One of the things about running a b and b is that you come across all kinds of people. Now and again I’m reminded that some people’s lives and circumstances are really, really tough.
Take Susannah and Robert (not their real names), for instance. They’re from a continent far away – let’s not say which – and times are so tough for them that they have decided (they tell us) to ‘take a working holiday’. Now to you and me that might sound like a lot of fun – work, that’s a holiday? What could be better! But no, in this (and many other cases) ‘working holiday’ means impoverishment and hardship. Really.
True, they’ve had to spend a lot of money on their airfare to get over to Scandinavia in the first place, and also to fund their tour of Europe. (They’ve come all this way,- they can’t not see the Eiffel Tower!). They’ve been to Berlin, Paris, Zurich, Venice, Stockholm, Copenhagen. It’s been really hard. They’ve been jet-lagged. They’ve been moving on every few days. They’ve had to pay for ALL their meals.
Anyway, I digress a bit, because here they are now, writing to us about staying in 68 degrees bed and breakfast for a couple of nights. The thing is, they say, our rates are ‘way too high’ for them, but still they’d really, really love to stay with us. They’re students, on a working holiday, so, they suggest, maybe they could stay with us in a smaller room, or sleep on our couch – perhaps in return for a bit of ‘help’ in our backyard (though they’re understandably unclear what sort of help we might be in need of).
I’m a bit resistant to Susannah and Robert, at first. I don’t think our rates are high, given that we provide very comfortable spacious accommodation, a good breakfast, and lots of friendly help and advice. But then I have to check myself. It’s a good idea to put yourself in other people’s shoes before you judge them.
You see, Lynne, I say to myself, you have to remember the particular circumstances. When Susannah and Robert come all the way to Kiruna, like many poor students before them, they’ll have to go on a northern lights trip. And that’s not cheap. It costs double our nightly rate, just to sit outside in the dark for three hours in some loaned warm overalls, hoping the northern lights appear. But it has to be done, and, obviously, they can’t ask a tour company for a reduced price.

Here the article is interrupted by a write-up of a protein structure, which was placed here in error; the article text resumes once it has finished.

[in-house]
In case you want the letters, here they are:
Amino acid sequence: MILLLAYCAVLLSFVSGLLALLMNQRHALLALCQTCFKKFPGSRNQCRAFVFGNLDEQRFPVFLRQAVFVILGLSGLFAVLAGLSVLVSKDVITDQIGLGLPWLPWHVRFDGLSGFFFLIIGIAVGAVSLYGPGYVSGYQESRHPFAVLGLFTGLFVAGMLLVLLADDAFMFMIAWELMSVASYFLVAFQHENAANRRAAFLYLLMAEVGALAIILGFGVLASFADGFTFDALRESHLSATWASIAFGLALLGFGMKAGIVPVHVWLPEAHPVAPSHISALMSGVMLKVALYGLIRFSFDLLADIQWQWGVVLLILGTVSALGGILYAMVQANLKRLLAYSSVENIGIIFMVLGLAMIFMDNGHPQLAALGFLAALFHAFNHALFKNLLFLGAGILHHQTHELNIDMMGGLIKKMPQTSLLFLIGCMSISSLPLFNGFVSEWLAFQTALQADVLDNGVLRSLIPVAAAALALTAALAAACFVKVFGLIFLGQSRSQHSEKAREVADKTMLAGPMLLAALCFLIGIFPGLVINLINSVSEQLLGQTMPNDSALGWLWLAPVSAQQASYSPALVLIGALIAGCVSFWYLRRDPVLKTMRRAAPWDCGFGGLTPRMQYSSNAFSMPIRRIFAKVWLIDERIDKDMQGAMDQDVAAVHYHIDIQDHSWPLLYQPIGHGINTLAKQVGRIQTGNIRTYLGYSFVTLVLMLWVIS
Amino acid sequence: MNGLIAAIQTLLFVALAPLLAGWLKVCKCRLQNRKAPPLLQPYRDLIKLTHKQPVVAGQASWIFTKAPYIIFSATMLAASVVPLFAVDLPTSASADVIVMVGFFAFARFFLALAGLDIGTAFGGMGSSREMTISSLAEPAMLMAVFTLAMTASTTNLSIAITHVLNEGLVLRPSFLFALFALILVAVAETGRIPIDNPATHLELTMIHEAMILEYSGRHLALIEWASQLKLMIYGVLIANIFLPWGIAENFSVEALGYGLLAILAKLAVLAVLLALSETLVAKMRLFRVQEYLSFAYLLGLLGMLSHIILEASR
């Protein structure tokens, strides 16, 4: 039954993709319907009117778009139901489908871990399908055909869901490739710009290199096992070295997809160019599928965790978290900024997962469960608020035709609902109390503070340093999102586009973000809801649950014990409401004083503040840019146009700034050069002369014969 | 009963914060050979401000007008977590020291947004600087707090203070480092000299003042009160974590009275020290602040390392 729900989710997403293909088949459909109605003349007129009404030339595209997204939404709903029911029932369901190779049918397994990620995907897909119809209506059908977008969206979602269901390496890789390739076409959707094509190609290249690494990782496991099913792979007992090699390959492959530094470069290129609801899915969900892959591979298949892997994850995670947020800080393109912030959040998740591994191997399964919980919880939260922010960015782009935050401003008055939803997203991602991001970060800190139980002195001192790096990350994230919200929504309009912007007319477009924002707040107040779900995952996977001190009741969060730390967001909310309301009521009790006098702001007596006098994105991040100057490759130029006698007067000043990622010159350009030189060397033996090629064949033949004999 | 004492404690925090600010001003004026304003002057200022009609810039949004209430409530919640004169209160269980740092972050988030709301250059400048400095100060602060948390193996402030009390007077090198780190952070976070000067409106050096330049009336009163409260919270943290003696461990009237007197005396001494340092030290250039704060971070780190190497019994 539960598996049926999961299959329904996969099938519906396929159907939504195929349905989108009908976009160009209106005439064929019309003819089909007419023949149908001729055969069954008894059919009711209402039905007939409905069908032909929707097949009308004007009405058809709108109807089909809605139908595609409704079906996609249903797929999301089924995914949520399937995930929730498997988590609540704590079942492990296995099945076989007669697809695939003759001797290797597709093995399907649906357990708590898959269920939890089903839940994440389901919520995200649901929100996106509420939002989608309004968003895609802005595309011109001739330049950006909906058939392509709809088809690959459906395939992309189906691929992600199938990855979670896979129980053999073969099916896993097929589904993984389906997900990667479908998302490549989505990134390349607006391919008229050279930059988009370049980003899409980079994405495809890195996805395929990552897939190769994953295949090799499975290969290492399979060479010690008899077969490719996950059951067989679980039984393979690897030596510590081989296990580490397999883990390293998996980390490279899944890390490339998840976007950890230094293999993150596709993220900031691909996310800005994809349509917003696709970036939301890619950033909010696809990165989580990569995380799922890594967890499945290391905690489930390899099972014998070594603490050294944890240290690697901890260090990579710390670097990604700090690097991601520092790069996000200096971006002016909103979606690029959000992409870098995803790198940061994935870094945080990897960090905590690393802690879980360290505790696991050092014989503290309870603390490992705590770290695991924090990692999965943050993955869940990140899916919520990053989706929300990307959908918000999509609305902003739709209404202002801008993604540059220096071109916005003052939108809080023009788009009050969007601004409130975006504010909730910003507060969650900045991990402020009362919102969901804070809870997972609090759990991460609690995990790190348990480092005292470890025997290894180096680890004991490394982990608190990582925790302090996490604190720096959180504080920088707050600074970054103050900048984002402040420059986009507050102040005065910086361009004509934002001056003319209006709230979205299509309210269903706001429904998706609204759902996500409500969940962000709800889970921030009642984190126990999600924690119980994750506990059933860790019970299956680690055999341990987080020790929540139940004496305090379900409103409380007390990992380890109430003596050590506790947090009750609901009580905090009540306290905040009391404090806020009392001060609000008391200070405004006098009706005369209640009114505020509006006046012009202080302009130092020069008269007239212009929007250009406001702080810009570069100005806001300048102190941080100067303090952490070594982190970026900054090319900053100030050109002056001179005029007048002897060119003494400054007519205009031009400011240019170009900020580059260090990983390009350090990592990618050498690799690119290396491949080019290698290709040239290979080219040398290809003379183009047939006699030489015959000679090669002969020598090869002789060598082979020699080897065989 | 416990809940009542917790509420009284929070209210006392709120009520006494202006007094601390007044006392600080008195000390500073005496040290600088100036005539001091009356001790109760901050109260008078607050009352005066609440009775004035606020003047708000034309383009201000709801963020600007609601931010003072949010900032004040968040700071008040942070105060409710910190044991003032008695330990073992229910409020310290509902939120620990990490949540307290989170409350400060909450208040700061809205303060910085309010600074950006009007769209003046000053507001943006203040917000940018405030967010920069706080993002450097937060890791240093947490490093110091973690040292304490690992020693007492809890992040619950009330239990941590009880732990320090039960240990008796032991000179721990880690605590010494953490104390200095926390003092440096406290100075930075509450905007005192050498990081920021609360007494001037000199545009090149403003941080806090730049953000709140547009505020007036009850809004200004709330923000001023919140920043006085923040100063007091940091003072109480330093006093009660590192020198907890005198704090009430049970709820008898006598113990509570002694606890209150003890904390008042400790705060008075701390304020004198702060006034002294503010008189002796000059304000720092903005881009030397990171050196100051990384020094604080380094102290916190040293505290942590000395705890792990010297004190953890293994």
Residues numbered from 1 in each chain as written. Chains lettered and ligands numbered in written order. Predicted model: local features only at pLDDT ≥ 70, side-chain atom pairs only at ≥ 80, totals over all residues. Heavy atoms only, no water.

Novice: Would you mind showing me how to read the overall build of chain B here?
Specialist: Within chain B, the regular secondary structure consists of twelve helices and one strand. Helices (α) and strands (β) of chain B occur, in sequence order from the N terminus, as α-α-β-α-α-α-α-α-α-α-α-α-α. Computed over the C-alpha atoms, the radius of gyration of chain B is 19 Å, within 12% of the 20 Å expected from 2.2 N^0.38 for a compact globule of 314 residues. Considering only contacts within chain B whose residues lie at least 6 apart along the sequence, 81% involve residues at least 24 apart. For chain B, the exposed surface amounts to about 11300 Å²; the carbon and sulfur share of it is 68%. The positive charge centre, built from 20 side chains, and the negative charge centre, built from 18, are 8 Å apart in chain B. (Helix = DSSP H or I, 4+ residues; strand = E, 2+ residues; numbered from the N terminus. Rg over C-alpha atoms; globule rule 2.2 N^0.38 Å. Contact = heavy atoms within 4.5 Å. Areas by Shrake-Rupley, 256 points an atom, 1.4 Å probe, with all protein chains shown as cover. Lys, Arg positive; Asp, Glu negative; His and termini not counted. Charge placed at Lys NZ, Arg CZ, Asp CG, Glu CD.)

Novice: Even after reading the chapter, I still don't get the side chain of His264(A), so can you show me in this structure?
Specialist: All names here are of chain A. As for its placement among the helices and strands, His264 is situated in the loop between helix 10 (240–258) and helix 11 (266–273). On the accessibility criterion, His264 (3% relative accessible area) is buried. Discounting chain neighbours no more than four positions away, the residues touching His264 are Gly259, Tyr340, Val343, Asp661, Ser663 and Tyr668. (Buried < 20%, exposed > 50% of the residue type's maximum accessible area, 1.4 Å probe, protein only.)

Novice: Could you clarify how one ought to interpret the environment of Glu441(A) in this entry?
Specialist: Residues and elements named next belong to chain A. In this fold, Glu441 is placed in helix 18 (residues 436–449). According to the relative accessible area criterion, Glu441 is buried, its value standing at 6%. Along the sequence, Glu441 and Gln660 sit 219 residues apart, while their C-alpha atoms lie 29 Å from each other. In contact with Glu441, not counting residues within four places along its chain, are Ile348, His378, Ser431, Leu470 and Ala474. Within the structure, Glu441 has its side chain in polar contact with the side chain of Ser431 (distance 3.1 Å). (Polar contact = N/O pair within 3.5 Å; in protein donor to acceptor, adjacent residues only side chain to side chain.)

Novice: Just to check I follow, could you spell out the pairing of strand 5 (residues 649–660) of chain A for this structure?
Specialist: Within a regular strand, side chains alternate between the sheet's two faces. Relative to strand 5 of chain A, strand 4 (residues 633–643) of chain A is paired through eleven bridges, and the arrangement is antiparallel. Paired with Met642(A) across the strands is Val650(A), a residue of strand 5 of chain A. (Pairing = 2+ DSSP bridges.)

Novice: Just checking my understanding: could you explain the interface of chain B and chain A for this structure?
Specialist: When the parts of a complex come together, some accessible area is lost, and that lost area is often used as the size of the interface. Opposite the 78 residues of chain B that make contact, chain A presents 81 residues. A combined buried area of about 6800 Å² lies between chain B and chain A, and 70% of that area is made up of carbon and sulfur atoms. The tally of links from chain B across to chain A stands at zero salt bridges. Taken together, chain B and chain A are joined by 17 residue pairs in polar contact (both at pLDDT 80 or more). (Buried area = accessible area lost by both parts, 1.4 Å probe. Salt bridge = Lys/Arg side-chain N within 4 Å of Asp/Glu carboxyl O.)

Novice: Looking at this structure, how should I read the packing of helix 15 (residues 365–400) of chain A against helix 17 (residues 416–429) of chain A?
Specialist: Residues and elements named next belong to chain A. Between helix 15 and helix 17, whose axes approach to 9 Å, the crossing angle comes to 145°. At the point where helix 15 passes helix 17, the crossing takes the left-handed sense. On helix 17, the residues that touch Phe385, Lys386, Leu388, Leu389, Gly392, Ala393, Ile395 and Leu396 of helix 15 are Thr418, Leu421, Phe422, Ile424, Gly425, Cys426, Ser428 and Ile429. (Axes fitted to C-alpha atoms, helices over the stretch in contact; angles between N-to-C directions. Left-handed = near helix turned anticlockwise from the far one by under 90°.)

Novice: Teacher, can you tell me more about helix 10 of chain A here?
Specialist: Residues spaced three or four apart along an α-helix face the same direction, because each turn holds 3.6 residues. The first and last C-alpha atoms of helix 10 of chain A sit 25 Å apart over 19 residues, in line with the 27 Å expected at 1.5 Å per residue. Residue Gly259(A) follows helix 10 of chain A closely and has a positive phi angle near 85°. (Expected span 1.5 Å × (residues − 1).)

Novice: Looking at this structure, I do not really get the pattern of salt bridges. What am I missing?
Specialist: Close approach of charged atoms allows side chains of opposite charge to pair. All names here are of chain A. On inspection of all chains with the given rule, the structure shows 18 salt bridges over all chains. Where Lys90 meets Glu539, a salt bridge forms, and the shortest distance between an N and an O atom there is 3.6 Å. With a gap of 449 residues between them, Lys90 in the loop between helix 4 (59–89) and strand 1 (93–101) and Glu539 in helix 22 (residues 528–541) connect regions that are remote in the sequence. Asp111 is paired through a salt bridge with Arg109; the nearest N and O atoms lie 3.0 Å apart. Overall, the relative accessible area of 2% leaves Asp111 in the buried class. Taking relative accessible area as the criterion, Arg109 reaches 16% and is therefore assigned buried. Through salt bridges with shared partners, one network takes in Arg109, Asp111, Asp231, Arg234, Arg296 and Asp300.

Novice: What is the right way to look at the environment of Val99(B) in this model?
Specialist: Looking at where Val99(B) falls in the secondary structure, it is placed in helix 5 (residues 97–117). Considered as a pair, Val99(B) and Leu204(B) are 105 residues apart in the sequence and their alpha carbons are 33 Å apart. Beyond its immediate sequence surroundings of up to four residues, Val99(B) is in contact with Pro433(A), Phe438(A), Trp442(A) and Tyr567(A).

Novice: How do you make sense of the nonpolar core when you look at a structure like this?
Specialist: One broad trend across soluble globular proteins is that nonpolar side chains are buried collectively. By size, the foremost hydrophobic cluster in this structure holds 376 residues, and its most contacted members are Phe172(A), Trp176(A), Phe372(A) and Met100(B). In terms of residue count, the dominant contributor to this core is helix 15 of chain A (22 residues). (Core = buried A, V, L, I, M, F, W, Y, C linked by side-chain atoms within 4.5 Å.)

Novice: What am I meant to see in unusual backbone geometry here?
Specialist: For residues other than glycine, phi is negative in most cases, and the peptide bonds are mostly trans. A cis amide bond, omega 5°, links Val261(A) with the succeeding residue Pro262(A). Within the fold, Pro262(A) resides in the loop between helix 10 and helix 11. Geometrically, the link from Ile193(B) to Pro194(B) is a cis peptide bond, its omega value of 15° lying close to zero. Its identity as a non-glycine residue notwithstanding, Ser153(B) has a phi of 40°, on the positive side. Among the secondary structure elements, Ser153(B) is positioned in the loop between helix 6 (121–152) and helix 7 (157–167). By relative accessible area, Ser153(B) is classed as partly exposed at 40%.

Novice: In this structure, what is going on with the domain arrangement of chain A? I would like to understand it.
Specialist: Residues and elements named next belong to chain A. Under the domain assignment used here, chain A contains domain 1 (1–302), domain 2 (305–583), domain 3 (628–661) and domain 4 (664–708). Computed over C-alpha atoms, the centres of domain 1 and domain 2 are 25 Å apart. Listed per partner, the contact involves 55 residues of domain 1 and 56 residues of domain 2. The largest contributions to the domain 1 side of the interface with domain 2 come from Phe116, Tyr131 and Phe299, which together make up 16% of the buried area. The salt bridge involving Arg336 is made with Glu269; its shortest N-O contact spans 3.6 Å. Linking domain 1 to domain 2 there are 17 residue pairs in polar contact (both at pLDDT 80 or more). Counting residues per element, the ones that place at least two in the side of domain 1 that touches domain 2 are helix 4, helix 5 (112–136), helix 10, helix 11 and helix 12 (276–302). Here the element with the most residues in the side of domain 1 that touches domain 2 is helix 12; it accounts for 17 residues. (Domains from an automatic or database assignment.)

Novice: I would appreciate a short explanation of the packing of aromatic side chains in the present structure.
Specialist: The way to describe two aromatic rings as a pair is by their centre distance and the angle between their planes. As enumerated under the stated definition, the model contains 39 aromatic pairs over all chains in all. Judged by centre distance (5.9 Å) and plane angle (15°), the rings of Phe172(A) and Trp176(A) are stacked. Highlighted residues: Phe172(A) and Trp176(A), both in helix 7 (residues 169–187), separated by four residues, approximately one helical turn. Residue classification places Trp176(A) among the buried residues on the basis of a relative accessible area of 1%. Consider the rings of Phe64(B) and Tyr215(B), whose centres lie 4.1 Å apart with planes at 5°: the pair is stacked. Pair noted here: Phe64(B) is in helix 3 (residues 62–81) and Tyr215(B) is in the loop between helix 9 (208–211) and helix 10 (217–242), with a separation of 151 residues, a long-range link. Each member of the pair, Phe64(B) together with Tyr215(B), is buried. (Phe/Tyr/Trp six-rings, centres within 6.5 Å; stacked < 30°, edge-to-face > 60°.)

Then they’ll also have to go on a husky dog tour (you can’t come to the arctic and not have pictures of yourself with huskies!). That’s going to cost three times our nightly rate – for a three hour tour, going round in circles in the forest – and they can hardly ask the dog sled company for a free ride! The dogs have to eat, after all, and Bear Grylls – that’s the charismatic tour leader that’ll be taking them out – he has to eat and keep himself stocked in mountain jackets and survival trousers.
Then there’s Susannah and Robert’s meal out in ‘Spis’ – they’ve read on Trip Advisor that the special six course local specialities platter has to be experienced. They can hardly go to a nice restaurant like that and offer to do the washing-up! So that’ll cost them too.
Then there’s the entrance fee to the Ice Hotel, the souvenir champagne glasses from the Ice Hotel shop, and the pair of all-singing all-dancing Tecnopro Capri Pink Thermal Leggings they’ll have to buy (because it’s damned cold up here and they didn’t bring enough clothing). Shops won’t offer them a reduction, and they can’t very well ask for one without being seen as scrounging beggars.
No, the only way Susannah and Robert are going to be able to manage their budget on their trip to Kiruna is to ask us, very nicely, and with as sweet a smile as they can muster, if we’ll reduce our rates or let them stay for free. You can see their problem.